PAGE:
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How to maintain healthy glucose levels?
An occasional episode of low blood sugar during pregnancy might not cause any harm to your baby. But recurring attacks might be problematic. It can cause seizures and coma as well. There are also complications during birth and your baby might be born with the same condition or develop it soon after. Here are a few steps you can take to make sure that you can maintain a healthy level of glucose in your blood.
- Eat frequent meals. Make sure that you follow a diet chart that helps you intake the required amount of calories needed for both you and your baby.
- Do not exhaust yourself with aggressive exercising. Talk to your doctor and perform only the suggested exercises. Make sure that you listen to your body and do not go overboard with this.
- Always keep quick-energy snacks with you at home or while you are travelling. Carry fruits, juices, can of soda, hard candy or glucose tablets. You can also keep some bedside snacks and eat them if you get awake at night. Choose foods that can provide your body with at least 15gms of fast-acting carbohydrates.
- For emergency purposes, your doctor might also recommend keeping a glucagon kit which consists of the synthetic form of glucagon hormone and a syringe to administer the same.
- Monitor your glucose level regularly. It should not below 70 mg/dL. Anything below 60gm/dL is considered as a hypoglemia attack.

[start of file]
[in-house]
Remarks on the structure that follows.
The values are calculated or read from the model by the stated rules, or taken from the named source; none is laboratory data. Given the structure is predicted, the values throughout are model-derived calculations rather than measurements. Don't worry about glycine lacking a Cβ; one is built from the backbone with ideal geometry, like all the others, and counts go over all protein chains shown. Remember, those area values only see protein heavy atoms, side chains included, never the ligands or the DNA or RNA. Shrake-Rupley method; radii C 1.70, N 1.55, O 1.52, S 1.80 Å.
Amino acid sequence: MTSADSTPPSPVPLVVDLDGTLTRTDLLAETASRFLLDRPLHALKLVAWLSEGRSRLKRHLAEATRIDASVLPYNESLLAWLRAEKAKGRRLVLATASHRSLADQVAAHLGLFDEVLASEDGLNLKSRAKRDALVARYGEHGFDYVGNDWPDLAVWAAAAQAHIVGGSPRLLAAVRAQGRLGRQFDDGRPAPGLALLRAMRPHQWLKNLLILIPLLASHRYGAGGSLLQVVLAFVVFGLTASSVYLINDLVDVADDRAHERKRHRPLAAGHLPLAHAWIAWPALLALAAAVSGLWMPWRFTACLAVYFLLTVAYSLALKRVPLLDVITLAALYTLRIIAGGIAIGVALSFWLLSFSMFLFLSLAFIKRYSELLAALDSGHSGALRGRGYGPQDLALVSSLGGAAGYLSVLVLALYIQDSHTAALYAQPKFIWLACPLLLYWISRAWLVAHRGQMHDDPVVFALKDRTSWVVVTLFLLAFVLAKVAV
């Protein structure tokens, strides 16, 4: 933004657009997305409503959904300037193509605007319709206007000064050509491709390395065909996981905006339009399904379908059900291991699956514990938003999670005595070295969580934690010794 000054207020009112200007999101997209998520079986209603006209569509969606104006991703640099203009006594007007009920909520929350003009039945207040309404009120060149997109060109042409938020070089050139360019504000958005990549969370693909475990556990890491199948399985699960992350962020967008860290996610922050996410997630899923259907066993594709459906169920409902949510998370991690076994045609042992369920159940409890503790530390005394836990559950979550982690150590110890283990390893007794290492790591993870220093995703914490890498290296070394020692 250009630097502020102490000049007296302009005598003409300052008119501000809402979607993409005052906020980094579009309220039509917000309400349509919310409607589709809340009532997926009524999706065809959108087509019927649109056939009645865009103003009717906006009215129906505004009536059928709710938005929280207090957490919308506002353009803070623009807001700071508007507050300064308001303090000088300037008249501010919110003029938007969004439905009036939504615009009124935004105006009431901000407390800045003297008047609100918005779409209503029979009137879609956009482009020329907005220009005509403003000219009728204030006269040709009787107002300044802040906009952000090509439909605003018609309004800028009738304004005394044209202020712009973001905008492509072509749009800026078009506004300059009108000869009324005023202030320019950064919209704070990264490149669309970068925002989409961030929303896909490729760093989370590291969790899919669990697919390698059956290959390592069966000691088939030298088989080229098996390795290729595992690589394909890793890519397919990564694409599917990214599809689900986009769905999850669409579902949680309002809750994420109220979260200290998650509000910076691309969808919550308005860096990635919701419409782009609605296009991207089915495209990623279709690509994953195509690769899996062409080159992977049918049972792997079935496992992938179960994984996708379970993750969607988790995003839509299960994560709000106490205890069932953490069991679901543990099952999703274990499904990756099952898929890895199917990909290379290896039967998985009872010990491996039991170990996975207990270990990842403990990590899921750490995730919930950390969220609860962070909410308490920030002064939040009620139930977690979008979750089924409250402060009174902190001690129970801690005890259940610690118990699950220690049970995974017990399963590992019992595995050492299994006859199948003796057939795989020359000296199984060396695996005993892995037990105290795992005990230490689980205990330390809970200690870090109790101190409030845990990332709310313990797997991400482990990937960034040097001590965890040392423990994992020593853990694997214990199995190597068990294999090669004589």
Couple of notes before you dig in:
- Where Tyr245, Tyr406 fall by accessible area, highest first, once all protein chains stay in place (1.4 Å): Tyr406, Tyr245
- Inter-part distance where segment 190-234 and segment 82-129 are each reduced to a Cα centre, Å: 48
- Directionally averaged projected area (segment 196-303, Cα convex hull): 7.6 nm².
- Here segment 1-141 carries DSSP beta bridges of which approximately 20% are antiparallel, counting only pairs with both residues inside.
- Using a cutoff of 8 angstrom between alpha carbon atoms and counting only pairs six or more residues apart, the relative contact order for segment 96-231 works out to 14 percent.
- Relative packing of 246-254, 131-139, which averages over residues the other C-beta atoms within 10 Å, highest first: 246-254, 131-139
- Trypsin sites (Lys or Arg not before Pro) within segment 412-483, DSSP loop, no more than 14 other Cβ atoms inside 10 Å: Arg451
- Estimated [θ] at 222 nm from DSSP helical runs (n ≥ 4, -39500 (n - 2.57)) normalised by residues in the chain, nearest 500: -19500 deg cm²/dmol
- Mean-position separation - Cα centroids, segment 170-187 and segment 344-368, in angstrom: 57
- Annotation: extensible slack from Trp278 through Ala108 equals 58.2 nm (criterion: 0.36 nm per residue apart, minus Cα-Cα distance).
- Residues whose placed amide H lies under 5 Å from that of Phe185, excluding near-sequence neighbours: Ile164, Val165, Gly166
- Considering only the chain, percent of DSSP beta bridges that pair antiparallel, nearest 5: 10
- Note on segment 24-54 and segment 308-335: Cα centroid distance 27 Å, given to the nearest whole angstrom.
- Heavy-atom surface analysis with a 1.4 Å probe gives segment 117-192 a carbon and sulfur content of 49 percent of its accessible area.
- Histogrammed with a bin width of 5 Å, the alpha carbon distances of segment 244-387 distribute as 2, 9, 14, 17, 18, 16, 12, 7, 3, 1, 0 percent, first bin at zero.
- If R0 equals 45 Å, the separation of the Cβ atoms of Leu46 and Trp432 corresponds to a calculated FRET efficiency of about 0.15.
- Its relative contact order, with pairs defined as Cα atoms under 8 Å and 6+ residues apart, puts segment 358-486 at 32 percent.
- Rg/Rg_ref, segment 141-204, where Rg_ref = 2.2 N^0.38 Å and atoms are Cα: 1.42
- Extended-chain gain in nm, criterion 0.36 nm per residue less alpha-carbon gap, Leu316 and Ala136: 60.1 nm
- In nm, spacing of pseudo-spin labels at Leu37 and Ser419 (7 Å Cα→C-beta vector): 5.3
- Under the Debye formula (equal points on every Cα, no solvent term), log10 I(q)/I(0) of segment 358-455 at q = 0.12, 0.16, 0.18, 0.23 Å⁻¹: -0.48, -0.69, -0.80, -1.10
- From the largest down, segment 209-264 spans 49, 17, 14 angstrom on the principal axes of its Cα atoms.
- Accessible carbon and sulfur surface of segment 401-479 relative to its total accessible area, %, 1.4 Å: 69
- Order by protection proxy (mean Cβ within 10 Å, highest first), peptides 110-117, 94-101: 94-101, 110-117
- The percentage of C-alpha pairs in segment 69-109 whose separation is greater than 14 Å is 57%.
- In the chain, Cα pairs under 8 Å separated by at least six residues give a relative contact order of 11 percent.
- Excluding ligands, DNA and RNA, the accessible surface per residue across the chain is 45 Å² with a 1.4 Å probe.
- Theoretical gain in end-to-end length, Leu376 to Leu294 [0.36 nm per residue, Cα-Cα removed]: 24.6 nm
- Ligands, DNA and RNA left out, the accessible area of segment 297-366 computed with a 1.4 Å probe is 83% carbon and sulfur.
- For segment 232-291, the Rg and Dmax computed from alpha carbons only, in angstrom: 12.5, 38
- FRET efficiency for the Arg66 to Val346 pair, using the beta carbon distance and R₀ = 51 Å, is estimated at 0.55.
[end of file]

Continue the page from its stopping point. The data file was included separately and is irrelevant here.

Foods to Eat in Gestational Diabetes
- Include as much of the seasonal and fresh vegetables as you can. Eat them raw, cooked or even steamed. You can even pair raw vegetables with some yummy high-on protein hummus for a yummilicious snack.
- Add vegetable omelets made of whole eggs or egg whites. The whole eggs provide your body with a lot of nutrients and protein.
- Oatmeal is your friend. Sprinkle some grated coconut, add some berries and top it with pumpkin seeds and you have a healthy snack option ready!
- Pair whole fruits with some nuts or nut butter for a fulfilling snack.
- Include sweet potatoes with avocados and cherry tomatoes.
- Baked fishes like salmon and trout are high in good fatty content.
- Include probiotics in your diet like curd. You can go ahead and add a serving of Greek yoghurt to your daily diet plan. Add some sunflower seeds, cinnamon and apple slices to enjoy this healthy meal/snack option.
What foods to avoid in gestational diabetes?
When you are dealing with low blood sugar during pregnancy, make sure to avoid the following list of items.
- Fried food
- Junk or processed food
- Processed beverages
- Baked goods like muffins and cakes
- Pasta or rice and overall any food that is high in starch
- Sweetened cereals and oatmeal. Granola bars should be avoided as well.
The Bottom Line
In today’s times, anyone can develop gestational diabetes. But with frequent nutritious meals and a proper amount of exercising and monitoring can help you have a healthy pregnancy and labour. Make sure you talk to your doctor about foods to include and avoid, as per your preferences and allergies, to combat the effects of low blood sugar during pregnancy.